There is a story I heard even before I started doing tax work when I was a hotel night auditor. It was about a guy named Joe who ran a luncheonette where he also sold newspapers and candy bars and the like. Joe’s Place was across the street from Our Lady of Perpetual Responsibility, a Catholic parish. Joe would see Father Mulcahey carrying a heavy bag every Monday morning. The good father was heading to the bank with the Sunday collection.
One day Joe invited him in for a cup of coffee and proposed a win/win. Joe was always running out of change on Sundays. So how about if Father Mulcahey has the ushers count the coins and bring them over, Joe would write a check for the coins, and the father will just have Joe’s check to bring to the bank on Monday? Then, Joe would deduct the check written to the church as a charitable deduction. It was a great plan and it worked well for several years until the IRS audited Joe and a skeptical IRS agent called on Father Mulcahey about Joe apparently being Our Lady’s biggest donor. After all, he had the canceled checks.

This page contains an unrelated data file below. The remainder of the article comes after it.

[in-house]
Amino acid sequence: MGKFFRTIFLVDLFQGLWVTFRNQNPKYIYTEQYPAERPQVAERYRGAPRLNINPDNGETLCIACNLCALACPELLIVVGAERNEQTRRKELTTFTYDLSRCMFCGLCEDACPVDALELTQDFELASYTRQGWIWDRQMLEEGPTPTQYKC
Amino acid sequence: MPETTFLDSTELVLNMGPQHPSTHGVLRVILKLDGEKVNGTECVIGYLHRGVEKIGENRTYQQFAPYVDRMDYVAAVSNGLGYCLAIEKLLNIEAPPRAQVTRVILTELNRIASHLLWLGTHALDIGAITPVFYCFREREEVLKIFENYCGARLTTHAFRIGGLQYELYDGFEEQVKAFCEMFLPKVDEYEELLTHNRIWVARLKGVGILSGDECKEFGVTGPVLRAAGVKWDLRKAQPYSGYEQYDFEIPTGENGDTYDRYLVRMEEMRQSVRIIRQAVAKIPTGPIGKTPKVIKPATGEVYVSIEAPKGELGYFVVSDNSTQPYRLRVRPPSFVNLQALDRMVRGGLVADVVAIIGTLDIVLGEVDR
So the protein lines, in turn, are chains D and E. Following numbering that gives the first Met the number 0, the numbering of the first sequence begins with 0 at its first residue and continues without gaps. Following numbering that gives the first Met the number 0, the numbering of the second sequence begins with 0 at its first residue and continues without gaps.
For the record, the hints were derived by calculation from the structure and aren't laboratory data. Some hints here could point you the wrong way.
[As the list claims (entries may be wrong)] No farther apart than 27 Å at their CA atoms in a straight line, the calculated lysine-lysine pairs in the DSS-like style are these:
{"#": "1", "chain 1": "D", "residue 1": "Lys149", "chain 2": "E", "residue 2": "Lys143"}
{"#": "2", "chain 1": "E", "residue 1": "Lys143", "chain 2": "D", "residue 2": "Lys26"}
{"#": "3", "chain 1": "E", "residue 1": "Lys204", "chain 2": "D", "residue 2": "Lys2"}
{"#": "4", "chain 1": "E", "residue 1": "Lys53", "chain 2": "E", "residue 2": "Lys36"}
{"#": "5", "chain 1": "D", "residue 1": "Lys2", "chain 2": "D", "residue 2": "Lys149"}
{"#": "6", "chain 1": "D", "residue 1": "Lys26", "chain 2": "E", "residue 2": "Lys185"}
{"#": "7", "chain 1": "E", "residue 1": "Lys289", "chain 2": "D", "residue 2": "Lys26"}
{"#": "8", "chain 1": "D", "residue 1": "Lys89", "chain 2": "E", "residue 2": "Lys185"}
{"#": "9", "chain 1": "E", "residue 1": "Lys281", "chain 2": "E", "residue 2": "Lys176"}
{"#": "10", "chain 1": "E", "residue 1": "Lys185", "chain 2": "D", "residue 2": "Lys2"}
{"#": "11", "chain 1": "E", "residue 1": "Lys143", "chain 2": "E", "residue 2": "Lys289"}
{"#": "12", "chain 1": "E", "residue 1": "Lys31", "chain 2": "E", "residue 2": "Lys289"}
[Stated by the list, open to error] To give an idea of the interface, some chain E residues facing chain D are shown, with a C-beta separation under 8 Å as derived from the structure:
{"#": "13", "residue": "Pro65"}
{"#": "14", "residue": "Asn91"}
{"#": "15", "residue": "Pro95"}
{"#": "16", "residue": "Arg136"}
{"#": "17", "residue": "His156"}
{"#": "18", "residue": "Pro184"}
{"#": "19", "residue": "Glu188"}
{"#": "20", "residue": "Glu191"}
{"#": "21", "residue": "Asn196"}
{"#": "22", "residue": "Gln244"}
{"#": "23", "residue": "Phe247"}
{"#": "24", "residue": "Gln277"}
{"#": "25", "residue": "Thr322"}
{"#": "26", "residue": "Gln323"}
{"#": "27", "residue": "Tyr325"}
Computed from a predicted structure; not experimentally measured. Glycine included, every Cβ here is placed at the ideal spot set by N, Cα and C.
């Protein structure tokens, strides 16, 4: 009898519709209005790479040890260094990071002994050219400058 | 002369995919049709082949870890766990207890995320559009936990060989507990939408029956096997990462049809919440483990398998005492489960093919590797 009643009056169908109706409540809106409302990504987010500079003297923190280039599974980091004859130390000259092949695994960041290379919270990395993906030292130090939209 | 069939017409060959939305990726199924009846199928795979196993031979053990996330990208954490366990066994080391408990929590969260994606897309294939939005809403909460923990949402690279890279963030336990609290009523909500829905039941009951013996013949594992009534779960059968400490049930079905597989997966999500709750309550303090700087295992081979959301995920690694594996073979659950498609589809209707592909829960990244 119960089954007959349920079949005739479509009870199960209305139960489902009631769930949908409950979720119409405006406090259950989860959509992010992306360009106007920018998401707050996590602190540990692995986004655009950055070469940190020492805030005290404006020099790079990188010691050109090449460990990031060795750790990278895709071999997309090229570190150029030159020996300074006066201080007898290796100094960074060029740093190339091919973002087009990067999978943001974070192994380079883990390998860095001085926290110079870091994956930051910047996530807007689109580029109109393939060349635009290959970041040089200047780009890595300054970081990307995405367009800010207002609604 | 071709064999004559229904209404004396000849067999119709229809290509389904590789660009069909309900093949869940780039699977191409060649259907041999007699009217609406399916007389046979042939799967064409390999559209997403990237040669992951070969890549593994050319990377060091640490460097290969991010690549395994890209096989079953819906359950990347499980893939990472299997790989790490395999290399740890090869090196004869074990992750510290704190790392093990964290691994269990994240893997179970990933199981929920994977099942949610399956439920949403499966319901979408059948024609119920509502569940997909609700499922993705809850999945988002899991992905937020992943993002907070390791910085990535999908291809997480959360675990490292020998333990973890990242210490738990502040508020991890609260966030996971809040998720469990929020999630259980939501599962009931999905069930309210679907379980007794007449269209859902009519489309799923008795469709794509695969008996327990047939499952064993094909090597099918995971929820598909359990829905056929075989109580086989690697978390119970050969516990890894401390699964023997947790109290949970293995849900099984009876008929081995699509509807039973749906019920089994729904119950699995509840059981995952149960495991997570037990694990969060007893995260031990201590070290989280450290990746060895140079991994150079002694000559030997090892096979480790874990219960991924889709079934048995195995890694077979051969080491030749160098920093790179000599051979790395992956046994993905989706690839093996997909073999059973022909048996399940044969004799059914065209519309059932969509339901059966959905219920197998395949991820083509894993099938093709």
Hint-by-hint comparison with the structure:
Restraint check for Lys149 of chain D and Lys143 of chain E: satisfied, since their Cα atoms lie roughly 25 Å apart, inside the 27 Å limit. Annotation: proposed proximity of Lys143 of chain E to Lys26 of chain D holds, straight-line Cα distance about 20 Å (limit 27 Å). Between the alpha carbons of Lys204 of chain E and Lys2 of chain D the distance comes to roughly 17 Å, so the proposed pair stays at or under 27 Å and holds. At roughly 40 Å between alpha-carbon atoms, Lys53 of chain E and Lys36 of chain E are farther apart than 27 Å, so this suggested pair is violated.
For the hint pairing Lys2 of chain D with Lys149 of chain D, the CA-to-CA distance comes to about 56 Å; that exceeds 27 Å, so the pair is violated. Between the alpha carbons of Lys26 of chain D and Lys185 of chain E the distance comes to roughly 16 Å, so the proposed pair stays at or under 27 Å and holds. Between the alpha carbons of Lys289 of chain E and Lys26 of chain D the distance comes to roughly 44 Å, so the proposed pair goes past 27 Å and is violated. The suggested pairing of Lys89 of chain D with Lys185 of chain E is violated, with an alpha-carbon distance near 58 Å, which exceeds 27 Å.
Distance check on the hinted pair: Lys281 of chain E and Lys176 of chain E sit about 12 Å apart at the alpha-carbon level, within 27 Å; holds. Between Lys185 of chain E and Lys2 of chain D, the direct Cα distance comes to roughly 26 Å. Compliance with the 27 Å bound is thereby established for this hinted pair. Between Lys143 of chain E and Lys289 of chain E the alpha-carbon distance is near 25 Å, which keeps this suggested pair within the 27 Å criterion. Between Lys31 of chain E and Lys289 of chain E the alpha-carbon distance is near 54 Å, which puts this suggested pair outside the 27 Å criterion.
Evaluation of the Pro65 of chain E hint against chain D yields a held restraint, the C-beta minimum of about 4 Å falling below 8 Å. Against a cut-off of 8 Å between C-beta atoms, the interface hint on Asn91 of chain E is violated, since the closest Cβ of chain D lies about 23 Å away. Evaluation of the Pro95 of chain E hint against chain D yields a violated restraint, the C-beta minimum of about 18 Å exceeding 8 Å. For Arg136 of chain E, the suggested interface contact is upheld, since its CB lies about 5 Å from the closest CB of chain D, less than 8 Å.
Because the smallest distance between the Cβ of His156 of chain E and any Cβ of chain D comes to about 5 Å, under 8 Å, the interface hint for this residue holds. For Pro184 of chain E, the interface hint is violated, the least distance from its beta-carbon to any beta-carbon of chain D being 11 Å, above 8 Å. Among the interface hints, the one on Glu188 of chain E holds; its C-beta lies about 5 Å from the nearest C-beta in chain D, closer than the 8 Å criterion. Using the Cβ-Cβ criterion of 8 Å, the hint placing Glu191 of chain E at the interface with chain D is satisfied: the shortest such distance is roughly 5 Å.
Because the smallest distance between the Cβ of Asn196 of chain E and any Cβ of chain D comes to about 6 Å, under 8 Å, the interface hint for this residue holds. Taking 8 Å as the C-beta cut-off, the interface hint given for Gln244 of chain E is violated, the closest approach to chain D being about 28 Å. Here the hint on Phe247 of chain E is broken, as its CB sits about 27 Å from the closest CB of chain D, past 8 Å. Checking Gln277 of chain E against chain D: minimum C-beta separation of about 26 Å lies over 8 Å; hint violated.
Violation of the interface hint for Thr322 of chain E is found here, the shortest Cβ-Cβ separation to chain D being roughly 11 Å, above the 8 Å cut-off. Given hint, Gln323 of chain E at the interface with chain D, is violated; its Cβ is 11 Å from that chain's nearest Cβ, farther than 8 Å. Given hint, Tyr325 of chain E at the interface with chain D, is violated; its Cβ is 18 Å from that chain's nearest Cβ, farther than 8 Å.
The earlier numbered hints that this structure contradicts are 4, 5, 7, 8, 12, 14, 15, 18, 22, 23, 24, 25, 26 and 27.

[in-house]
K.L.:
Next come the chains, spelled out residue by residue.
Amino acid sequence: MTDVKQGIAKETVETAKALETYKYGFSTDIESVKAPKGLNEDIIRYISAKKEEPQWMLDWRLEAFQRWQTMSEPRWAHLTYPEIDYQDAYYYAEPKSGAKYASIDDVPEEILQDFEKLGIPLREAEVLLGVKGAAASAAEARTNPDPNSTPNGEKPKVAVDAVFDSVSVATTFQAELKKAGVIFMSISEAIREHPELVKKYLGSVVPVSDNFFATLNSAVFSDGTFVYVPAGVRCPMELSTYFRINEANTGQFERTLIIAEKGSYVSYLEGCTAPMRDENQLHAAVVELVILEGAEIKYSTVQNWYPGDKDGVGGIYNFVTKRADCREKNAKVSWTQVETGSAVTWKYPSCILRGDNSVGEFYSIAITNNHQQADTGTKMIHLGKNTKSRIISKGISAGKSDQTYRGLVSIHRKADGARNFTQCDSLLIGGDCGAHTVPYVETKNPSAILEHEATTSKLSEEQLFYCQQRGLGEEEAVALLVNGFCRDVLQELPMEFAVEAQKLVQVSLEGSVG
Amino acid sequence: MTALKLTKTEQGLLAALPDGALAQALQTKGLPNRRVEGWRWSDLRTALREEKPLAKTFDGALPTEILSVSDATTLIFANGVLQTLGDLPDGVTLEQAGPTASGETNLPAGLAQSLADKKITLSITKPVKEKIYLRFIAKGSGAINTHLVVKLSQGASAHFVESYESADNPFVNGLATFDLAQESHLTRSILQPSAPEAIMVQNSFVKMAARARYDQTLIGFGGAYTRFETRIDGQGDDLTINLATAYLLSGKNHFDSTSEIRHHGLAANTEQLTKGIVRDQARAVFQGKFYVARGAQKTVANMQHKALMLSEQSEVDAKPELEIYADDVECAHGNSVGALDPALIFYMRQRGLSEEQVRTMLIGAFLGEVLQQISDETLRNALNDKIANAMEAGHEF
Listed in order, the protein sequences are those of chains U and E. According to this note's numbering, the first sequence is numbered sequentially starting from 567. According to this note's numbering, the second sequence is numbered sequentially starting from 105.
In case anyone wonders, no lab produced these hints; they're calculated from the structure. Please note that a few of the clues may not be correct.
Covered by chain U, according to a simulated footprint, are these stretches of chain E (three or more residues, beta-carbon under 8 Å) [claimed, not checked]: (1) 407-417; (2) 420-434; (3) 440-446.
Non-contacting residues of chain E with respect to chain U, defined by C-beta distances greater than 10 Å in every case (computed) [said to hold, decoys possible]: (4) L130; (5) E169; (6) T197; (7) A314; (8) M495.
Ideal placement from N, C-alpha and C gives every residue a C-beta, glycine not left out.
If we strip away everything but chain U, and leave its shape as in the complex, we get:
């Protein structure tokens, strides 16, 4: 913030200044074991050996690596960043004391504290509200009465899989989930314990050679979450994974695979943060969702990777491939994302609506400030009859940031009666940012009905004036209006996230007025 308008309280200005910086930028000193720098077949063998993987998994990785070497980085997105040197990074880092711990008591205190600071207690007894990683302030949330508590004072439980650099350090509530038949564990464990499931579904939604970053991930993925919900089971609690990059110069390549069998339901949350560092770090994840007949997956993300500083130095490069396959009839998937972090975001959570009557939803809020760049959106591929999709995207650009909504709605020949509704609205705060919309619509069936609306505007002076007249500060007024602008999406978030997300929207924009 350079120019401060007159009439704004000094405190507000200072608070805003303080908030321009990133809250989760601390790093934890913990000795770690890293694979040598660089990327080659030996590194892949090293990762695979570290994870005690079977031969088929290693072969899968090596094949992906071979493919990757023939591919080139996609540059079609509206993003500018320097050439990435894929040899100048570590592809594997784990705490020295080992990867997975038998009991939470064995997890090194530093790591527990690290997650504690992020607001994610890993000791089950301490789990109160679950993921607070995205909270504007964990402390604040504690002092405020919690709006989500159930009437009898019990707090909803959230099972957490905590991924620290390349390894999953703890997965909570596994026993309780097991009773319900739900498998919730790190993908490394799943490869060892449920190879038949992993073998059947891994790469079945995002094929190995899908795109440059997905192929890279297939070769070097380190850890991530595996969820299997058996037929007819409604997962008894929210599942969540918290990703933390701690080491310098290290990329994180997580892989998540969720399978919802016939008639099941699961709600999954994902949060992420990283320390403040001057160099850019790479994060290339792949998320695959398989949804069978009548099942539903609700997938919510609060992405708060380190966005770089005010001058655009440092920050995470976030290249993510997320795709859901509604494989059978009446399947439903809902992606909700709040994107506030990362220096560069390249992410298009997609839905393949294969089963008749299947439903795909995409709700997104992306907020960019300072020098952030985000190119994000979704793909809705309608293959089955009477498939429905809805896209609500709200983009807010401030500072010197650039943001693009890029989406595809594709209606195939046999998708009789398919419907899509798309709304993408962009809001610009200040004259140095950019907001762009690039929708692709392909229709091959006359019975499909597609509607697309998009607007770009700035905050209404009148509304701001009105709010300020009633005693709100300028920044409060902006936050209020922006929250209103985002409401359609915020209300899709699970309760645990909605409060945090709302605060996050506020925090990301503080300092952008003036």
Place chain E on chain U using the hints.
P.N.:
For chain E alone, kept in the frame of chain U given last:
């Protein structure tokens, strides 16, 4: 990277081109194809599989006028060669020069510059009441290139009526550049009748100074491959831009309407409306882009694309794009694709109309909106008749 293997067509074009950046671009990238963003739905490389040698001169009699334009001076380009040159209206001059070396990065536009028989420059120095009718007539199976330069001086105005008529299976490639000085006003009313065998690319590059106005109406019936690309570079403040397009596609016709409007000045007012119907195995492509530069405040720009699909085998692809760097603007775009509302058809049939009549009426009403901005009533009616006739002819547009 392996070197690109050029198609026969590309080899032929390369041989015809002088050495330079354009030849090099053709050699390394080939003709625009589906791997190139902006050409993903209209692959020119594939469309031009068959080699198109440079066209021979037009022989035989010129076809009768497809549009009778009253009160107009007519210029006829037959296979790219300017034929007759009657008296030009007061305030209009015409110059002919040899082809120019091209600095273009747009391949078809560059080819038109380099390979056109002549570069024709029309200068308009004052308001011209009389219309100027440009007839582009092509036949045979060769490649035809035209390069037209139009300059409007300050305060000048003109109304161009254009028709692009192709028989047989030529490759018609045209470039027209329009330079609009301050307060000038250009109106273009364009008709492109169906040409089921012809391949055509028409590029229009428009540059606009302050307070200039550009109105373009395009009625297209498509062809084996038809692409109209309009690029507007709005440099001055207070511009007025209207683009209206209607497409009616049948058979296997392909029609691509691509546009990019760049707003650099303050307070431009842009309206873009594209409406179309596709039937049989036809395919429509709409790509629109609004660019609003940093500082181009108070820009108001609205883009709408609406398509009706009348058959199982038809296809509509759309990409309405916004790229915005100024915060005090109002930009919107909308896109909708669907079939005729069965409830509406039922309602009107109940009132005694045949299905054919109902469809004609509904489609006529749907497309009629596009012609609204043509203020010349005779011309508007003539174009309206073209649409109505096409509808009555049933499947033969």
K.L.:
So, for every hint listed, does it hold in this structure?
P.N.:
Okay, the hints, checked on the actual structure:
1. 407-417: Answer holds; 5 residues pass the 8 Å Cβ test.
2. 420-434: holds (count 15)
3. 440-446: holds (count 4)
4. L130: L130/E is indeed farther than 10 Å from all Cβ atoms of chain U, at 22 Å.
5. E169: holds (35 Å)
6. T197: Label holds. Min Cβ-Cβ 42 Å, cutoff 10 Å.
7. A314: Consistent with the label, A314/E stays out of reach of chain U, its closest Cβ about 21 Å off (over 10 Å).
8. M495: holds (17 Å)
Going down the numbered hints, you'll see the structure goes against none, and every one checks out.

So if a canceled check to church on Sunday won’t work to document your charitable deduction, what will? Keep reading to find out!